Coronavirus pandemic

Safe distancing may be new normal on return to workplaces

The new guidelines will build upon existing measures to ensure safe distancing in workplaces for workers in essential services. ST PHOTO: KUA CHEE SIONG

A safe distancing inspector in every workplace, staggered hours to prevent congregation of workers, and measures barring staff from socialising in the pantry, rest areas and during lunch breaks.

This could be the new normal for workplaces when workers gradually return to their offices or worksites after the circuit breaker lifts, National Development Minister Lawrence Wong said yesterday, as he outlined how containment measures for Covid-19 will become part of new workplace safety and health standards or guidelines.

They will expand on existing ones that are in place for workers in essential services who are still going to workplaces during the circuit breaker period, added Mr Wong, who co-chairs the multi-ministry task force on Covid-19.

To ensure that Singapore's overall strategy for containing the Covid-19 spread remains effective, these guidelines will also be complemented by a new testing regime that will involve a substantial scaling up of such tests.

Earlier this week, industry players told ST that increased testing could be a key enabler for the country as it looks to gradually lift the circuit breaker measures.

This will ensure that any new cases can be detected quickly.

Technology solutions will also be implemented in workplaces, so that there will be better tracking and monitoring if a confirmed case emerges in the workplace, added Mr Wong. "These are a whole series of new protocols and measures that we are already planning, and (which) we will put in place as we get nearer (to) the end of the circuit breaker," he said.

Health Minister Gan Kim Yong, who also co-chairs the task force, added that such standards would have to be differentiated across individual sectors, depending on the risk assessment for each sector.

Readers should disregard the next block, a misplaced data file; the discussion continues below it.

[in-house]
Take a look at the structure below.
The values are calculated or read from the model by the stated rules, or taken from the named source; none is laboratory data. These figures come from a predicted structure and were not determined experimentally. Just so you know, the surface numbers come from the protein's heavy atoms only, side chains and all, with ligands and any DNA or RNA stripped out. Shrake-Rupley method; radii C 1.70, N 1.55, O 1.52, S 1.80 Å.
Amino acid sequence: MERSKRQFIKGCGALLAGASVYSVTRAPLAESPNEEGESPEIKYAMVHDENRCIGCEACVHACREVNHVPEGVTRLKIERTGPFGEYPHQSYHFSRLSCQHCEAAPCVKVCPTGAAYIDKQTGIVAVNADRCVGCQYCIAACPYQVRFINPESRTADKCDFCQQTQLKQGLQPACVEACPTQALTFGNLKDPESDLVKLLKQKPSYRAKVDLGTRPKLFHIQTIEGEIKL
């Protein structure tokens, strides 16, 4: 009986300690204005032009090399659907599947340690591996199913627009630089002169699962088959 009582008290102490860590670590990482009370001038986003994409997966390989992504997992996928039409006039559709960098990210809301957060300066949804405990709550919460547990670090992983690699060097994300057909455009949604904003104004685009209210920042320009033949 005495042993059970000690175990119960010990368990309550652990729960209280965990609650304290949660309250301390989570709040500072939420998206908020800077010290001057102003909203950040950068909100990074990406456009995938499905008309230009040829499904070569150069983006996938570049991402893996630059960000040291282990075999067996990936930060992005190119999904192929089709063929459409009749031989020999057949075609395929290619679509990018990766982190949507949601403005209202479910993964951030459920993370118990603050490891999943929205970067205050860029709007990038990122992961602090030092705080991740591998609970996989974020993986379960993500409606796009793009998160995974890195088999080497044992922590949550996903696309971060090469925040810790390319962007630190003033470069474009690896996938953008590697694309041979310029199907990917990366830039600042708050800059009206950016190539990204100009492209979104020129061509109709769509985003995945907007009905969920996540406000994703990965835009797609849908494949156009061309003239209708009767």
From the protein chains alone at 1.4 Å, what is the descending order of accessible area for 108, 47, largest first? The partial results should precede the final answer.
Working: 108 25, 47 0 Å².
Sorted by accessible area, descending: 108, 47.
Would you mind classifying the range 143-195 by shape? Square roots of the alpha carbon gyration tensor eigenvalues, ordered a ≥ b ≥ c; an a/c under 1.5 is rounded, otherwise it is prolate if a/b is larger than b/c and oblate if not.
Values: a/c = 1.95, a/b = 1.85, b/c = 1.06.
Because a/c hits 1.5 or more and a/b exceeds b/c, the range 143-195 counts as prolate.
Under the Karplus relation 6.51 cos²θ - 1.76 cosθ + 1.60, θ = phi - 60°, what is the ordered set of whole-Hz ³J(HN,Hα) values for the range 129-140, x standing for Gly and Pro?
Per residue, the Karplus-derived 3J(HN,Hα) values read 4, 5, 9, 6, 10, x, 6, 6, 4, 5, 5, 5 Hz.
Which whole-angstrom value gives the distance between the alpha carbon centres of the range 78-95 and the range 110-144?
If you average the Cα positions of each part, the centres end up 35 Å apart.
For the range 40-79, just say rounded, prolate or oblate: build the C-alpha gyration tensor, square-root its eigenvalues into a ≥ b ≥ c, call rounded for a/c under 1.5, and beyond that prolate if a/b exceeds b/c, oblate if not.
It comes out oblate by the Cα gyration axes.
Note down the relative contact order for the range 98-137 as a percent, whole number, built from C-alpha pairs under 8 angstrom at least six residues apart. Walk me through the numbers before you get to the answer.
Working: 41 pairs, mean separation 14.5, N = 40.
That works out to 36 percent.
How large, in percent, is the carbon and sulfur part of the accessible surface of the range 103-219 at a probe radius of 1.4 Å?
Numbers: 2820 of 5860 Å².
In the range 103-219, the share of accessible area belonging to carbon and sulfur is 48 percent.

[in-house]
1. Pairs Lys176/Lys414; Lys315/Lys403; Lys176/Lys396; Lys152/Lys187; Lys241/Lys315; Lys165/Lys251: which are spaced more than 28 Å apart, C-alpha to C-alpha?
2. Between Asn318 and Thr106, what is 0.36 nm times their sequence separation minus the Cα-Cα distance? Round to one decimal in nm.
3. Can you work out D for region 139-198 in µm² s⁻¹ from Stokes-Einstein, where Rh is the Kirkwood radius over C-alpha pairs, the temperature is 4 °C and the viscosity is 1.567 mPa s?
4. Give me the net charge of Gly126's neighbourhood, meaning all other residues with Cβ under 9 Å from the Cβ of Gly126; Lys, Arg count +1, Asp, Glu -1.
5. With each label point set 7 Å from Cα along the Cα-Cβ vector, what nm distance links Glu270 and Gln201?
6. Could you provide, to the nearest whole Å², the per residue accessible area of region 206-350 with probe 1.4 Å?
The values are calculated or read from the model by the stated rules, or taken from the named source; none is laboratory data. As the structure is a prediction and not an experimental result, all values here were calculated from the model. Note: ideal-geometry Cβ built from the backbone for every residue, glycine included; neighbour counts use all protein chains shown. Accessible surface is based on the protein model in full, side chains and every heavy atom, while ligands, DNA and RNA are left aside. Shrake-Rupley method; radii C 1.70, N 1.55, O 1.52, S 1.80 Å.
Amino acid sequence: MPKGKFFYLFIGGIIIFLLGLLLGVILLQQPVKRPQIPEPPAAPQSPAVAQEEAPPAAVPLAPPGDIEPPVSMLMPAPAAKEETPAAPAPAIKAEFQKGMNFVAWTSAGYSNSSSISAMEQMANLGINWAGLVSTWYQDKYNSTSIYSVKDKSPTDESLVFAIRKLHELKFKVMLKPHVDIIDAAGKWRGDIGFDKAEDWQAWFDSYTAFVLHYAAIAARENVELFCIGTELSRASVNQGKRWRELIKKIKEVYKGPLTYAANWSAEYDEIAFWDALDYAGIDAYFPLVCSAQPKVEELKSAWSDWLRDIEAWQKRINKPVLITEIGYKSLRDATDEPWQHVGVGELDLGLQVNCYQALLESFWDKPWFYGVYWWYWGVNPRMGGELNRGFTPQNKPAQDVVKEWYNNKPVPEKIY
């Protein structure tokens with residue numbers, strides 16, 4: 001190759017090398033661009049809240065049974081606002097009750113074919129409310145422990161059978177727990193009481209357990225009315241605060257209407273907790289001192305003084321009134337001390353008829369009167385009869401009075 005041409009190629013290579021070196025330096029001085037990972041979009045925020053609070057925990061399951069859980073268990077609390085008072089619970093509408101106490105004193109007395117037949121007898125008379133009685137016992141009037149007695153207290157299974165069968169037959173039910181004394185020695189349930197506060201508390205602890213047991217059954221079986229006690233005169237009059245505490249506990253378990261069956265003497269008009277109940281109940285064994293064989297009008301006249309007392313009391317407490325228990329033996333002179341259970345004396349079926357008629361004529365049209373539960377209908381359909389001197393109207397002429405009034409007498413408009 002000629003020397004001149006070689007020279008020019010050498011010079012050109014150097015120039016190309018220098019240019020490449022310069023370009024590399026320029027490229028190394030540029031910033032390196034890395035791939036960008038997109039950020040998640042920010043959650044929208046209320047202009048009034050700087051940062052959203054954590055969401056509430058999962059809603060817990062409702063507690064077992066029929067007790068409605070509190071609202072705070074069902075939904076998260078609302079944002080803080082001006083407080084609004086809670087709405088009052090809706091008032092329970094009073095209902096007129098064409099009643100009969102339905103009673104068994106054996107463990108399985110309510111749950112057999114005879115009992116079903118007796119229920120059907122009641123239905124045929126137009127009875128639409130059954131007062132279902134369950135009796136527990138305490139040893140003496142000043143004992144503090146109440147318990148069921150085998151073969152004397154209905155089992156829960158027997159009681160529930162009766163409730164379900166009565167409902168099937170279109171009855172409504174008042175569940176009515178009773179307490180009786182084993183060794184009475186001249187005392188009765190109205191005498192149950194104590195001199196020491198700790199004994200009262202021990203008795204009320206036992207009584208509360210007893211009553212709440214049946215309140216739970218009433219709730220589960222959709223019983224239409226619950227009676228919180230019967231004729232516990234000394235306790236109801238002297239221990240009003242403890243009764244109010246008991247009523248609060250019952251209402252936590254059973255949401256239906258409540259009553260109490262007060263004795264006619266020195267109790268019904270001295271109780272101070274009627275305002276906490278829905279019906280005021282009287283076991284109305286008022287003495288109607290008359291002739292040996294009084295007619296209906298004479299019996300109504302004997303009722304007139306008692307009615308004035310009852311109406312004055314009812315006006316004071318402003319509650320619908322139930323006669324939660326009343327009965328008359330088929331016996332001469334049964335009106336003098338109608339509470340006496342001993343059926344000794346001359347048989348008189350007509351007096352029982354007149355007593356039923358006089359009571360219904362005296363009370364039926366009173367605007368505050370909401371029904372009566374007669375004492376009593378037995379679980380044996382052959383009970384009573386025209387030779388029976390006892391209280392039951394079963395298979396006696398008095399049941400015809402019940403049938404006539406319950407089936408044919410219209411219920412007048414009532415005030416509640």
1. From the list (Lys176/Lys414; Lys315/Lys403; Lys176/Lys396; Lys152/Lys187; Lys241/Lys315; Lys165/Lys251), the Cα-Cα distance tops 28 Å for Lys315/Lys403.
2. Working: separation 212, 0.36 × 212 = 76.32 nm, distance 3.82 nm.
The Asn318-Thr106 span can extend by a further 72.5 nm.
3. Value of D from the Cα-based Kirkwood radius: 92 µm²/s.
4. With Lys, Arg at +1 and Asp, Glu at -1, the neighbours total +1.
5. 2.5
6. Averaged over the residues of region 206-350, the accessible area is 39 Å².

The construction sector, for instance, which has a number of worksites that have emerged as Covid-19 clusters, is one of the areas that the task force is "very concerned" about, said Mr Gan.

Measures at construction sites will likely vary significantly from those in offices, he said.

A research project led by a team at the Singapore University of Technology and Design's (SUTD) Data-Driven Innovation Lab had predicted that the second wave of the Covid-19 outbreak here - where cases began spiking with a surge in dormitory infections - will end completely around June 28. The prediction was made based on data from March 28 to the present.

Asked about this at the press conference, the Ministry of Health's director of medical services Kenneth Mak said that the data used by the SUTD team was very broad-level data that may not necessarily represent the actual way in which an outbreak progresses within a country.

Mr Wong also said that it would be premature for anyone, whether in Singapore or elsewhere in the world, to assume that the world will be free from Covid-19 once it passes this particular wave.

"No one can say that, and experts are already worrying about a second wave of infection around the world that may well coincide with the flu season and may be even more devastating than what we have today," he said.

Mr Gan added that while the number of community cases is coming down, Singapore is not out of the woods yet. It is important to focus on keeping the number of community infections low as there are still reports of unlinked cases.

The basic posture has to be that everyone is in for a long fight, stressed Mr Wong.

"There will well be recurring waves of infection that we have to deal with, and even if we get over this current wave in Singapore today, we have to remain vigilant and relax or adjust the measures very gradually," he said.

"It only takes one case, one hidden case, one cryptic case to cause new clusters."

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A version of this article appeared in the print edition of The Straits Times on May 02, 2020, with the headline Safe distancing may be new normal on return to workplaces. Subscribe